The role was a transformative one for Morrow. Embodying both the physical toughness and the emotional fatigue endured by many soldiers, Morrow epitomized an action hero, and for his efforts, received an Emmy nominee in 1963 for a harrowing episode in which an injured Saunders was stranded behind enemy lines. Offscreen, Morrow worked hard to maintain the show’s integrity, frequently battling with producers over its direction and quitting the show at one point. By 1964, he had assumed control of the show’s scripts and claimed one of the most lucrative contracts in the business. That same year, he began directing episodes, many of which were praised for their innovative choices, and began work on his feature debut as a director with an adaptation of Jean Genet’s “Deathwatch,” which he worked on with Turner. For a while, it seemed as if Morrow was on his way to becoming a multi-hyphenate with a bright future in Hollywood.

Then came his 1965 divorce from Turner. She revealed to Morrow that she had been having an affair with Robert Altman, then a director on “Combat,” and sought a divorce. Two years later, “Combat” was cancelled, which effectively brought his career to a standstill. Morrow attempted to keep himself in the public eye, but found himself unable to land more than guest shots as tough cops and villains on episodic television. He attempted to re-launch his directorial career with “A Man Called Sledge” (1970), a violent Western made in Italy with James Garner and John Marley, but the film saw only a limited release. There were occasional successes, like his aggressive Little League coach in “The Bad News Bears” (1976) and high profile guest shots in “Roots” (ABC, 1977) as the vicious overseer, and “Captains and the Kings” (NBC, 1976), but by the end of the decade, he was working in low-budget exploitation like “Humanoids from the Deep” (1979) and “The Evictors” (1979). His personal life was in turmoil as well; he was crushed when his daughter changed her name from Jennifer Leigh Morrow to Jennifer Jason Leigh (to pay homage to family friend Jason Robards). While he proceeded to drink heavily, his second marriage, this time to Gale Lester, collapsed in 1980, and he supported himself by appearing in foreign-made trash like “Great White” (1981), a blatant “Jaws” (1975) rip-off that drew a lawsuit from Universal.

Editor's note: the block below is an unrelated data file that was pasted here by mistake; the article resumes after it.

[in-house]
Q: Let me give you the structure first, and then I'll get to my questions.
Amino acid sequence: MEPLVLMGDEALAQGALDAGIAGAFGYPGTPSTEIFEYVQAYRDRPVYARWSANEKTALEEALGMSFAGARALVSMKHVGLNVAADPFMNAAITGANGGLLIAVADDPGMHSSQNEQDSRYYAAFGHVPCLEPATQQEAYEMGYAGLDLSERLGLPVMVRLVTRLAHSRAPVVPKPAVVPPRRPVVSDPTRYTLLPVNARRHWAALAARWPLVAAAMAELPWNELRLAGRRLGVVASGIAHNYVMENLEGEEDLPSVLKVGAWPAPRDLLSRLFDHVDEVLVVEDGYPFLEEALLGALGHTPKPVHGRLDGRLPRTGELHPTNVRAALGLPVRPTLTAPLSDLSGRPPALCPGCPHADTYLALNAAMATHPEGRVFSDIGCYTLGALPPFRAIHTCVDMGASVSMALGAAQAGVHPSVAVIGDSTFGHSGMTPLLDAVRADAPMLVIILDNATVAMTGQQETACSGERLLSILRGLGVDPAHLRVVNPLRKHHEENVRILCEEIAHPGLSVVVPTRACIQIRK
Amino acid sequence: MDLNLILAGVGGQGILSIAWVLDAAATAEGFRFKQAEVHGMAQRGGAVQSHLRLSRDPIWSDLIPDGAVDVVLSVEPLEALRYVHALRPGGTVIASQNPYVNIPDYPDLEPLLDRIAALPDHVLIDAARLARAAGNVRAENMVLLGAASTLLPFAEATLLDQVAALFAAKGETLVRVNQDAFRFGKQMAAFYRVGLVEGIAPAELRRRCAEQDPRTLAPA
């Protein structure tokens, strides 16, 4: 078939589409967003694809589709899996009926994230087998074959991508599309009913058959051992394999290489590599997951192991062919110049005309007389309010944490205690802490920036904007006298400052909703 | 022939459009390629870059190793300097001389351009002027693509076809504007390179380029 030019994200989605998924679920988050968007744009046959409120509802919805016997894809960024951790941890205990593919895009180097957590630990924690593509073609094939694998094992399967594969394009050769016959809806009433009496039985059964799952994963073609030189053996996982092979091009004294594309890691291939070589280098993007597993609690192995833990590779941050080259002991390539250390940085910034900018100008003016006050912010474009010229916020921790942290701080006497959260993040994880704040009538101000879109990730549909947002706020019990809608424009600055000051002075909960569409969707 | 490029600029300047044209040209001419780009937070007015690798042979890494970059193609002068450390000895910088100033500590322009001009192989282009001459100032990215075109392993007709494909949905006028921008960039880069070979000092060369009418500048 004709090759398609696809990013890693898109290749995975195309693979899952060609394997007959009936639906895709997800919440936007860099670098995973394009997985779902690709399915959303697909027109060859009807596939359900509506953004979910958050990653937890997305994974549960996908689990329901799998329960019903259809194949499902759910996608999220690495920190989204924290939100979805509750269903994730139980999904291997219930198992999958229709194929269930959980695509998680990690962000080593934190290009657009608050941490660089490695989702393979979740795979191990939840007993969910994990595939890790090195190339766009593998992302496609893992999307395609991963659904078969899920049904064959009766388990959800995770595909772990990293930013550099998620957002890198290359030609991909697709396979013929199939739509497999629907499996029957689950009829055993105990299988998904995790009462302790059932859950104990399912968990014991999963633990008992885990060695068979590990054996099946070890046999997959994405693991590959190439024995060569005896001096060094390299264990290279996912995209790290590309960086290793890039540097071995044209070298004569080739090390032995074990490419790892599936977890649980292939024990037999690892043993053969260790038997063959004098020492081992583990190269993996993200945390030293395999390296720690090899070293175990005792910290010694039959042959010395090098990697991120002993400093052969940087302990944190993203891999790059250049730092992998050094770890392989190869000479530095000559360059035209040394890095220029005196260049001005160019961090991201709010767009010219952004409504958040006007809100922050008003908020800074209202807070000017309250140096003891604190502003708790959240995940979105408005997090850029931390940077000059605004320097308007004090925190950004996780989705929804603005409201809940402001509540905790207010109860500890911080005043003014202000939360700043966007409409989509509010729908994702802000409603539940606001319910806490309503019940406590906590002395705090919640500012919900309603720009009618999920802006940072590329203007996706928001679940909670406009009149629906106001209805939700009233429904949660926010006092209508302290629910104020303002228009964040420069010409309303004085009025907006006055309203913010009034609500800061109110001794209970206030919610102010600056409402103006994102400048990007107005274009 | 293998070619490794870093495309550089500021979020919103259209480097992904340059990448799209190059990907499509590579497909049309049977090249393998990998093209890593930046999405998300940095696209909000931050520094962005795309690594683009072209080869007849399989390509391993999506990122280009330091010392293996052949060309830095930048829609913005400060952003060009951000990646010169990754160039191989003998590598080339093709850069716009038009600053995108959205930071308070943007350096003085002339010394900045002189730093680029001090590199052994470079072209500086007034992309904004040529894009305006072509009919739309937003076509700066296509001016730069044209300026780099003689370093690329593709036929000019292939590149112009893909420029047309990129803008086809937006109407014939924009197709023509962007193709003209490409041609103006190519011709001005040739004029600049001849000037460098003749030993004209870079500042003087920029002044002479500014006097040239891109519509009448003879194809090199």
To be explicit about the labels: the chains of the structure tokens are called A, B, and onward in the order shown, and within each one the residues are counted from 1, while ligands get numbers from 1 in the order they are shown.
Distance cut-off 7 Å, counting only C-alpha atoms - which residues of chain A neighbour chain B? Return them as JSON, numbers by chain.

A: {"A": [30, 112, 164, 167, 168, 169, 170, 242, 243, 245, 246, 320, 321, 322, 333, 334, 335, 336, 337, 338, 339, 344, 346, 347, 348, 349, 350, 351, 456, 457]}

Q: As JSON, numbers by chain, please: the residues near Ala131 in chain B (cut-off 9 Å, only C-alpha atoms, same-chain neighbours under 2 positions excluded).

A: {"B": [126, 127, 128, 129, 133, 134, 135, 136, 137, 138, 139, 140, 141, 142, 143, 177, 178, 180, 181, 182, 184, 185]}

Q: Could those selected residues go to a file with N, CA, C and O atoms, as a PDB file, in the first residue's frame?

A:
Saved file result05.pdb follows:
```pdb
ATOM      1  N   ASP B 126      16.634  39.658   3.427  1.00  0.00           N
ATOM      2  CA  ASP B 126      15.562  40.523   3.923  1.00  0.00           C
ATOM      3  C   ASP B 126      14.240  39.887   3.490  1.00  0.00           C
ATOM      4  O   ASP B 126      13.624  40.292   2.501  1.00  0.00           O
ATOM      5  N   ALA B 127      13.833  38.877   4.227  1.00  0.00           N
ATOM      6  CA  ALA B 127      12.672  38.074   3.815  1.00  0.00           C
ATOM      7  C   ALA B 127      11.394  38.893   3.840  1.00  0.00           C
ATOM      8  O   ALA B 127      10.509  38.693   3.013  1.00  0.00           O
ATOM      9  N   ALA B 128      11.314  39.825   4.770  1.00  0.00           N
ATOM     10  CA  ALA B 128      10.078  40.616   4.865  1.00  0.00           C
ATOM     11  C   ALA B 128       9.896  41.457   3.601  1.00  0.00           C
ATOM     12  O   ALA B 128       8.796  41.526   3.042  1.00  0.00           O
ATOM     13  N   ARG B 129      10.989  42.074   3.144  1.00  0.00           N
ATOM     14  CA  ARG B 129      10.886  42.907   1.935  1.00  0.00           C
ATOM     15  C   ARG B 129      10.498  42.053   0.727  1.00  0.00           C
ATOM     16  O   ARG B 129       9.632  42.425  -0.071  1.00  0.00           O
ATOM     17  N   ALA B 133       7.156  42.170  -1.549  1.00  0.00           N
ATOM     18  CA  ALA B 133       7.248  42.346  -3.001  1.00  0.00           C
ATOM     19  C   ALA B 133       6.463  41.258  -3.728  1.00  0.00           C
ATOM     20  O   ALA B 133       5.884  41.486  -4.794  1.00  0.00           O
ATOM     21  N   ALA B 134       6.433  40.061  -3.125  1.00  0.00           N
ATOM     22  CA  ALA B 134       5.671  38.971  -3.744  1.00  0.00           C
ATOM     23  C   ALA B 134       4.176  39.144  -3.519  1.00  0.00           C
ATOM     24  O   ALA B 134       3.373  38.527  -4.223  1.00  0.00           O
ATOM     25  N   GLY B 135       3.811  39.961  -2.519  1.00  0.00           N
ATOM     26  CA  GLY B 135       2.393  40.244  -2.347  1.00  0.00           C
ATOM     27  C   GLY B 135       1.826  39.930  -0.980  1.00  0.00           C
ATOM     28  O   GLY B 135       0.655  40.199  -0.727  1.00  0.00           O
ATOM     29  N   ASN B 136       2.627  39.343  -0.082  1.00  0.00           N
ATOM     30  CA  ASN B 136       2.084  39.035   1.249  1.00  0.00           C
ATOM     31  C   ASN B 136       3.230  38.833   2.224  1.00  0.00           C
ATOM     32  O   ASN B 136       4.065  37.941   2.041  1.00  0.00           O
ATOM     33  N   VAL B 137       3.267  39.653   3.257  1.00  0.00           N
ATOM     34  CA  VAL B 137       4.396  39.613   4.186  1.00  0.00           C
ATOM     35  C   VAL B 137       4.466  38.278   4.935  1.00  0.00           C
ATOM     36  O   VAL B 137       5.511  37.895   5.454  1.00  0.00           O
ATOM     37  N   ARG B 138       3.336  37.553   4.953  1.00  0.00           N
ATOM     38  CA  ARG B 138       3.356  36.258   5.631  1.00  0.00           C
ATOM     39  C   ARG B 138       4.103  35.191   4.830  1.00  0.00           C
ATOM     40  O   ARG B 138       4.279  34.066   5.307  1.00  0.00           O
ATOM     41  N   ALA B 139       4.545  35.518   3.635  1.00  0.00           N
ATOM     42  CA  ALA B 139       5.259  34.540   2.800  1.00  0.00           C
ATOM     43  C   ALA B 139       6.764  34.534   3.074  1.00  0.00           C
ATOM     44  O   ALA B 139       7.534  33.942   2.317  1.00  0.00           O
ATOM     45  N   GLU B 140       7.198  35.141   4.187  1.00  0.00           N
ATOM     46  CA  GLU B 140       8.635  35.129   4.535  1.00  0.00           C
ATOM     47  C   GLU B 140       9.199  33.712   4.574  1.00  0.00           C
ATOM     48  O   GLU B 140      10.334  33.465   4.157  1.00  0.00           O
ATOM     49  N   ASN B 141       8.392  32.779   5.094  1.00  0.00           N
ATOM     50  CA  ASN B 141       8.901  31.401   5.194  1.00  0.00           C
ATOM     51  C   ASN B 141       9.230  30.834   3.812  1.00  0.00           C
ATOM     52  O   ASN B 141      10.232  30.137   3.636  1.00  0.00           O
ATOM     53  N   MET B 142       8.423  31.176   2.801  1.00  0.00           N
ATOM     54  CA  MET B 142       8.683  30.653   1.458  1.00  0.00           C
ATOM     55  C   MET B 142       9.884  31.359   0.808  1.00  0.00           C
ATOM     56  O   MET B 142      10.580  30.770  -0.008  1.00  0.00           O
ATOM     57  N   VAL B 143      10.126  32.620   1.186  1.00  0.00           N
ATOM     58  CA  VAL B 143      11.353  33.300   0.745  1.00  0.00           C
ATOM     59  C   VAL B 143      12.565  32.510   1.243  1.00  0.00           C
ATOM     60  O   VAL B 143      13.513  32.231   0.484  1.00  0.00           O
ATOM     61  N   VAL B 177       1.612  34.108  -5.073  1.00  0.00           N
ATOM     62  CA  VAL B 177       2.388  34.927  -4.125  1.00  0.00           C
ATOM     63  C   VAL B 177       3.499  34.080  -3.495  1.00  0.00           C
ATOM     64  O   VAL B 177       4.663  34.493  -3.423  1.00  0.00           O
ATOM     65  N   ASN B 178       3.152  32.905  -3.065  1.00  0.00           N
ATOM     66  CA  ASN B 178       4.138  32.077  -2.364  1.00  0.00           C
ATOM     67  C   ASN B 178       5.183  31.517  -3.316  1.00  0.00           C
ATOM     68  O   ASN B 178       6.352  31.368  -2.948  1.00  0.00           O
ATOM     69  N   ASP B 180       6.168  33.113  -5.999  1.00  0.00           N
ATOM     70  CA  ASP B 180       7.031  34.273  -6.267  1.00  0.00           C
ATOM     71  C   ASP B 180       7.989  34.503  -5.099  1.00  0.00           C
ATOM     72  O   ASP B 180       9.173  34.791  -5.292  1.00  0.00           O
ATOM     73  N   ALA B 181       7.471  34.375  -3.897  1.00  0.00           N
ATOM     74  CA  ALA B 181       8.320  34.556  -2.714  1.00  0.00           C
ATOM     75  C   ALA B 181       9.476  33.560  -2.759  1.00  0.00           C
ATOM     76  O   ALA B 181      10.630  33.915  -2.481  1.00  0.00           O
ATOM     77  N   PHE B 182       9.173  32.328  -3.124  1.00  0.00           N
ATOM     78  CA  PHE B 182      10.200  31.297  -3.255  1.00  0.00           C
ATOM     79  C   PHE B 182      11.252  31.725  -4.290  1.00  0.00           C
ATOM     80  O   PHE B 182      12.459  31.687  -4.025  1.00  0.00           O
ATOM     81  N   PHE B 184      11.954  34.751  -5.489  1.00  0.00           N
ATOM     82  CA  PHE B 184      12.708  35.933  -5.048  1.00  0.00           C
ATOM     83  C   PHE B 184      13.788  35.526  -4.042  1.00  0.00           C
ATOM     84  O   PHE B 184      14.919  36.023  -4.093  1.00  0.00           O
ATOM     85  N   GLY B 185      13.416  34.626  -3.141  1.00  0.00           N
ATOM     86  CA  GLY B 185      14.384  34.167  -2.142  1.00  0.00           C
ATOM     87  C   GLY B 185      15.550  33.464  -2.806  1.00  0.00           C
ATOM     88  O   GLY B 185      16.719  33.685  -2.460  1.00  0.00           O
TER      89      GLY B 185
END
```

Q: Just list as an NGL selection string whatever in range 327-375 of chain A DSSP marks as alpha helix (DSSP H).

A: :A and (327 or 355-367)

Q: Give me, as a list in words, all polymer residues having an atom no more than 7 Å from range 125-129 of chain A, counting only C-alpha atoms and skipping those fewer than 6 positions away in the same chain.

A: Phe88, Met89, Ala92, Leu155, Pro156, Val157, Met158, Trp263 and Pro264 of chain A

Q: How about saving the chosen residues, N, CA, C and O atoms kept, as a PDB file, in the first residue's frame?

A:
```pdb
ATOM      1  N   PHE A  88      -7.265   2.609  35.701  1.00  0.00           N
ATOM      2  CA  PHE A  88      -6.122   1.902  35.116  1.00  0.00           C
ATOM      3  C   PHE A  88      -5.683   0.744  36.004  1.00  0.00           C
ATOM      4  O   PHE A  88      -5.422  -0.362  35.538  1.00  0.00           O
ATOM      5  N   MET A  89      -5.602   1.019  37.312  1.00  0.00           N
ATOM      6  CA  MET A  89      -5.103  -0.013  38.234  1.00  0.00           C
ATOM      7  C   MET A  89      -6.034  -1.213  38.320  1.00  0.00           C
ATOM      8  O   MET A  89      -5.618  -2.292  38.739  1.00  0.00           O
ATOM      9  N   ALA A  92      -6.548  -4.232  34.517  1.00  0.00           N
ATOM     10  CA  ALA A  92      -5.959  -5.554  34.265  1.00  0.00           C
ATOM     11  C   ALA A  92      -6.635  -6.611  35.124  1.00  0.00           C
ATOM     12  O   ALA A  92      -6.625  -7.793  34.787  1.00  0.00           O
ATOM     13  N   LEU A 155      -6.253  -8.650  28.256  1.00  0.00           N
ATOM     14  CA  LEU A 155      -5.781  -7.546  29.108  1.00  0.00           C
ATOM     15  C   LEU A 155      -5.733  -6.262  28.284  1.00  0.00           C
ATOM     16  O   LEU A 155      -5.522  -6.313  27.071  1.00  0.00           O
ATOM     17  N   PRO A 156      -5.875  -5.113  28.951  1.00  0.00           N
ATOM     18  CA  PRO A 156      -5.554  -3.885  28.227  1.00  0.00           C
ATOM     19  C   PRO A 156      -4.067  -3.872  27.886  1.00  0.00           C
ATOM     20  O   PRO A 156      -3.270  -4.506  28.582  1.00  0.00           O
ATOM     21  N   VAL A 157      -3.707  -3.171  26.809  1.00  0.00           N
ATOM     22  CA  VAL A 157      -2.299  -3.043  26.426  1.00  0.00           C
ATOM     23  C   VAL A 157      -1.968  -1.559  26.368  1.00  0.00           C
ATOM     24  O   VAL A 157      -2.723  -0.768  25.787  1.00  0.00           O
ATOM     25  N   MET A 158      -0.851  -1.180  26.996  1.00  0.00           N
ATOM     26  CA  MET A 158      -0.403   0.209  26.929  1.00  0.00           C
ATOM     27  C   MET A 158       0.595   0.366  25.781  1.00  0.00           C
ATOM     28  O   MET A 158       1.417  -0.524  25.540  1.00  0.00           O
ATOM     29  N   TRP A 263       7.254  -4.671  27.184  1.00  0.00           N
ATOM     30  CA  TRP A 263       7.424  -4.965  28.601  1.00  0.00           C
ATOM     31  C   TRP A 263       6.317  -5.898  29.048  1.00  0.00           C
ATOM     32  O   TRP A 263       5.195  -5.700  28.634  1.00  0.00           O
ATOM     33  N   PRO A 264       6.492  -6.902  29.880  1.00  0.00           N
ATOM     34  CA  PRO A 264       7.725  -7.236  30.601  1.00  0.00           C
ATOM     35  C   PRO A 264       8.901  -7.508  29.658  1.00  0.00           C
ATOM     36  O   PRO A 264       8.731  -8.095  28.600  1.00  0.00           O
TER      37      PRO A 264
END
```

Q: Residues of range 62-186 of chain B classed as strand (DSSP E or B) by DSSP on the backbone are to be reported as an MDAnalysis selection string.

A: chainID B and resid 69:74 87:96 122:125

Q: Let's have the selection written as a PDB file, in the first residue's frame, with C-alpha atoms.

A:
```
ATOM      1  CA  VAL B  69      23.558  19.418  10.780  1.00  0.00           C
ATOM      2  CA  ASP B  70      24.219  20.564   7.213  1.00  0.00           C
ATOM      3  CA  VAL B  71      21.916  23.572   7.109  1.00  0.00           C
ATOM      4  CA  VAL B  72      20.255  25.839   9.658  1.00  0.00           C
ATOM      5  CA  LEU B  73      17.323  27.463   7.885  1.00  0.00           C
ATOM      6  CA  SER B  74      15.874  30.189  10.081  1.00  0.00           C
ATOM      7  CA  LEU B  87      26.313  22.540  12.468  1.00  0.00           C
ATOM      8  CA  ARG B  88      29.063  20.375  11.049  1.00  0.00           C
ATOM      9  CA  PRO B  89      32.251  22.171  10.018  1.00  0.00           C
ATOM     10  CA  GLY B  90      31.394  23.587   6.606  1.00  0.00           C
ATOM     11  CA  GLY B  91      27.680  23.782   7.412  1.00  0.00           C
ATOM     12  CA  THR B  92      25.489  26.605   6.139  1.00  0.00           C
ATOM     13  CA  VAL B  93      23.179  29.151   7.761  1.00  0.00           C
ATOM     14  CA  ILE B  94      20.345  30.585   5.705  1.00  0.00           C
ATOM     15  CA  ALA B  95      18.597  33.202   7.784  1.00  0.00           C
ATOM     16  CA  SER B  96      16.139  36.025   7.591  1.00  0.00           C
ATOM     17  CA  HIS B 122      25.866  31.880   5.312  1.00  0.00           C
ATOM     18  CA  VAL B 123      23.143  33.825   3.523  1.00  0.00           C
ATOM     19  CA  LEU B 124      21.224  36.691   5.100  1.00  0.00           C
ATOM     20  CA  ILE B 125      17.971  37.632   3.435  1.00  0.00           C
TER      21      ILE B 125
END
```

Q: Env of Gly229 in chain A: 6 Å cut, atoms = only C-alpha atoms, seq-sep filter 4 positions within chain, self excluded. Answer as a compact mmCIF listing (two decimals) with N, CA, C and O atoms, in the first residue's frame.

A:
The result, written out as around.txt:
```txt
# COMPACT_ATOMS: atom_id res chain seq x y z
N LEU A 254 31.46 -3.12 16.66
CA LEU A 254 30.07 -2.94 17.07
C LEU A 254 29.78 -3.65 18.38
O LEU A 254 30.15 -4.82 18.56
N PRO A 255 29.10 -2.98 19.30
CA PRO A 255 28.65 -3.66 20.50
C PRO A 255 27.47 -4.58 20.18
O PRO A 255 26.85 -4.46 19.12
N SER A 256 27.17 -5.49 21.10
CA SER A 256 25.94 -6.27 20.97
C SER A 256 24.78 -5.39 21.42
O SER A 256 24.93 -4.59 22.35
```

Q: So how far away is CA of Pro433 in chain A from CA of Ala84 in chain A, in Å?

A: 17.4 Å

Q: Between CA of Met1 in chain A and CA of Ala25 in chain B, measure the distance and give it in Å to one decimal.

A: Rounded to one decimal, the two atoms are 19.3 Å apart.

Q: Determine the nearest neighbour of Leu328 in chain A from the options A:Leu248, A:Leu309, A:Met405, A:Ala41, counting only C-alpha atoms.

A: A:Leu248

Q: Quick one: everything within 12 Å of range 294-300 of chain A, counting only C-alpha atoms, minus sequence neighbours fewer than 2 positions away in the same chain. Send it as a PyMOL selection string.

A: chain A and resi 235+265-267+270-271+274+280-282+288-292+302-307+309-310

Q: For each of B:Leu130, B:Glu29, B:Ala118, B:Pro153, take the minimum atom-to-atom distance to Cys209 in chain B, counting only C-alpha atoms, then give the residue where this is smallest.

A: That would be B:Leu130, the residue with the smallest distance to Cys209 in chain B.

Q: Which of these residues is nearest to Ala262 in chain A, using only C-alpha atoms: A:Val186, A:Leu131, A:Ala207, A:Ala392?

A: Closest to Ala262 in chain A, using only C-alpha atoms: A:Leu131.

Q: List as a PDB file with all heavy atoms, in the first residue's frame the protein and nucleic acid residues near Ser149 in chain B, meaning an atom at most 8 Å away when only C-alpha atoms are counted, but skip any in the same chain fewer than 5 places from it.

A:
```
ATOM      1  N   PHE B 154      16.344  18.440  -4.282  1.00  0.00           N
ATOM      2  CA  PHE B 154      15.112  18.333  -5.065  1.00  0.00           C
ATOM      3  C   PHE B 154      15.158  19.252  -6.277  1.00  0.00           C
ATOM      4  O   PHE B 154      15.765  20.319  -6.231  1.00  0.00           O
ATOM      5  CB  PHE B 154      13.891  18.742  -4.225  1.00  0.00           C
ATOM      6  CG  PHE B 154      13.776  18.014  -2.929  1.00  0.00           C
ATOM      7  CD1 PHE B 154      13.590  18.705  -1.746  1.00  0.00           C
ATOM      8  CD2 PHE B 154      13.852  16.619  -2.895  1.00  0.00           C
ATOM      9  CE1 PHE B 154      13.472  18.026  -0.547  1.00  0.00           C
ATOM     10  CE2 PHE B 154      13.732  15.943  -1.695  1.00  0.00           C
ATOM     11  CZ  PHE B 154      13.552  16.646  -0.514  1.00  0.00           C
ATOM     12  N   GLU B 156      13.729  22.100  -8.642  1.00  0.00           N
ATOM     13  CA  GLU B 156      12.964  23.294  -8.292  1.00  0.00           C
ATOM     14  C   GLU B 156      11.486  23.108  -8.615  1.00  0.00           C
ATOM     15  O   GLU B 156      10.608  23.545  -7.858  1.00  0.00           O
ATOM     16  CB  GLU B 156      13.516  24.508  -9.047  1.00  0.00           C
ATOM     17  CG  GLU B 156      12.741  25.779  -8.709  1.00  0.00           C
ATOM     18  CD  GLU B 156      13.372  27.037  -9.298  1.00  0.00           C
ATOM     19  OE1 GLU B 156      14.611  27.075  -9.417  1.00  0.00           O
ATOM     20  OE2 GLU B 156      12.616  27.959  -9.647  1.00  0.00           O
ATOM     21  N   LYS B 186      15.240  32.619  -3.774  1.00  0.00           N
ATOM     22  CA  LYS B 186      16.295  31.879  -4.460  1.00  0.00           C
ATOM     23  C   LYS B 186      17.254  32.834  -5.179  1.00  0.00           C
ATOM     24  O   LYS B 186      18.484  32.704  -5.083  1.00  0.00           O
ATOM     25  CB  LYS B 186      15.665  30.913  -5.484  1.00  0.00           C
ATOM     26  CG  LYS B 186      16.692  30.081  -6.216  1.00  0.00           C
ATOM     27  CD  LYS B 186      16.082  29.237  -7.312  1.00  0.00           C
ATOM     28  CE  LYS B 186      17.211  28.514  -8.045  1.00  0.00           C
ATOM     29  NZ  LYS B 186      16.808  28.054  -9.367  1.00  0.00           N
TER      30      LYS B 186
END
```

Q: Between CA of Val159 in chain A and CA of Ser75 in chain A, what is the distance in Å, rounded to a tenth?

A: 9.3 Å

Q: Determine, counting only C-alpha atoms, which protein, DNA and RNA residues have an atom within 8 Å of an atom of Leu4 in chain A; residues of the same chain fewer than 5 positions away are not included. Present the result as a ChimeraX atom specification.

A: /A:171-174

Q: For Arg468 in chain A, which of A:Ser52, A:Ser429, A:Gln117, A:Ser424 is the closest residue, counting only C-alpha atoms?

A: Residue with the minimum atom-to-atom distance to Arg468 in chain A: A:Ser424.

In 1982, Morrow was tapped by director John Landis to star in a segment of “Twilight Zone: The Movie.” The episode, “Time Out,” cast him as a middle-aged racist who learned the pain of discrimination by finding himself in the shoes of Jewish Holocaust victims, blacks during the civil rights movement and Vietnamese during the American offensive. Morrow was excited about the project, which he viewed as a possible comeback after decades of obscurity. In July of that year, Morrow was on location in Indian Dunes, CA with two young Asian actors, ages six and seven – later found out to be illegally employed by the filmmakers – playing Vietnamese children whom his character was to rescue during a vicious firefight. While cameras rolled at night, Morrow waded across a makeshift river with both children under his arms while a military helicopter hovered overhead. A pair of colossal firebombs went off during the sequence, which damaged the chopper, sending it plummeting to the ground. The rotor blades decapitated Morrow and one of the two children; the helicopter slamming into the ground crushed the other child. All were killed instantly.

In the wake of the tragic film shoot, scores of lawsuits, including ones by Morrow’s daughters, were filed against the movie’s producers, including Steven Spielberg, director Landis and Warner Bros. Many of these were settled out of court for unspecified sums, but Landis and his associates did go to trial, all of whom were charged with involuntary manslaughter. The case was unprecedented. Landis was the first Hollywood director ever indicted on criminal charges in connection with a fatality during filming. All were eventually found not guilty in 1987, but the accident hobbled Landis’ once bright career for decades and came to epitomize the tragic results of Hollywood’s misguided pursuit of bigger and more violent special effects.